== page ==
To correct for this one-time shock, we removed the 2007 data from analyses, and we removed the firms that entered in 2007 from subsequent years’ calculations. But we cannot do this with the 1985⁄1986 change. The shift from 3-digit to 5-digit ZIP codes was permanent, so the uptick in the between component just has to be treated like a permament shift. Fortunately we mostly care about trends, not levels!
So, I was almost there. But this is where the trials of self-replication really show up. You see, that first figure has an error in it! After we published the paper, Sean Reardon pointed out that we calculated the within component as a size-weighted sum of counties’ between-establishment segregation measures, when instead we should have calculated it as the size-and diversity-weighted sum of same. We published a correction for this…
Tweeting about a recent publication corrigendum.https://t.co/j7MNkA12D6— Rem Koning (@orgRem) May 15, 2019
I love seeing working papers and new pubs, but we all make mistakes.
In this case, after my paper w/ @jpferg came out in @asr_journal Sean Reardon pointed out that there was a mistake in our equations!
…and noted that, while the proper weighting did not change the broad shape of the within component, it did shift everything downward slightly. (This is because more diverse counties are somewhat less internally segregated. Giving those counties more weight lowers the within component, which is just a sum.) Voilà:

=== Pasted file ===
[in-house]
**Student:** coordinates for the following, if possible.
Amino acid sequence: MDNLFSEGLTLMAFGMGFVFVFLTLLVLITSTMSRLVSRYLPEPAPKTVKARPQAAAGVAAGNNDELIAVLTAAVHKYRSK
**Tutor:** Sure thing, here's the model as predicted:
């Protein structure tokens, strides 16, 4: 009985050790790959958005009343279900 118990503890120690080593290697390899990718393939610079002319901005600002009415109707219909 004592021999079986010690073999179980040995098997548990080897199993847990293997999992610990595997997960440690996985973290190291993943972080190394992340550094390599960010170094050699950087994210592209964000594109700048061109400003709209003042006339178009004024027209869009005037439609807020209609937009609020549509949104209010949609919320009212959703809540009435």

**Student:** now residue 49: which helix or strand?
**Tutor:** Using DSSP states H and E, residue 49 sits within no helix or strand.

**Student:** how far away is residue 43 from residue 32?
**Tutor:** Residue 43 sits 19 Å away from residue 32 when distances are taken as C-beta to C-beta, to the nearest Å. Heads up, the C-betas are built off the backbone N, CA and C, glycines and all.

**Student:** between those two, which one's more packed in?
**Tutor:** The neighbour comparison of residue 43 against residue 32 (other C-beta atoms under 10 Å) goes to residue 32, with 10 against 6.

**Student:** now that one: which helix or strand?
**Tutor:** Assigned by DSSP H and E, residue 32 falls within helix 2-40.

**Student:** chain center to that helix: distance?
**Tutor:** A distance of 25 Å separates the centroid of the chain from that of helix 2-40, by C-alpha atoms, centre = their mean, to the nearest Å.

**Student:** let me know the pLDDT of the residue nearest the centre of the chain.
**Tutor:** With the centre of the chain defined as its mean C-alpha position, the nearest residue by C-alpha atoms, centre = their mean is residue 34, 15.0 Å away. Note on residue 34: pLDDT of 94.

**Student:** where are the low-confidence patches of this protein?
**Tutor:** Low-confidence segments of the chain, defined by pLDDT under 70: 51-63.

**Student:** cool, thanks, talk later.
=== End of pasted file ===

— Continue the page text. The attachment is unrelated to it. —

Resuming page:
This is about the within component, though. The between component is just a size-weighted sum, so it should not move when you make this correction. That implies that the between component has actually been larger than the within component almost this whole time! It’s OK, we had no prior about this, and given that (e.g.) the between-industry component has always been bigger than the within-industry component of this measure, it isn’t mind-blowing. But it does imply that when I rebuilt everything and got this:
…this is actually a faithful replication of the first figure, even though the two look different!
So what did I learn?
- Your goal shouldn’t be simply to reproduce the published figures, even if they’re your own. If there’s a problem or error, with the published results, you need to replicate a fixed version.
- But you can’t just call your slightly-different version fixed and move on. You also want to explain why there’s a difference in the first place. In such instances, showing that you can replicate the published results by introducing the mistake into your code is a good way to convince yourself that you’re on the right track.
- Replication is hard. Remember, these are my own data and code!
- I should have started with this, rather than going straight to the spatially weighted calculations (of which more later, probably). Now, if I modify the calculation and get different results, I have a lot more confidence that this reflects real differences, and not some problem with my replicaiton strategy.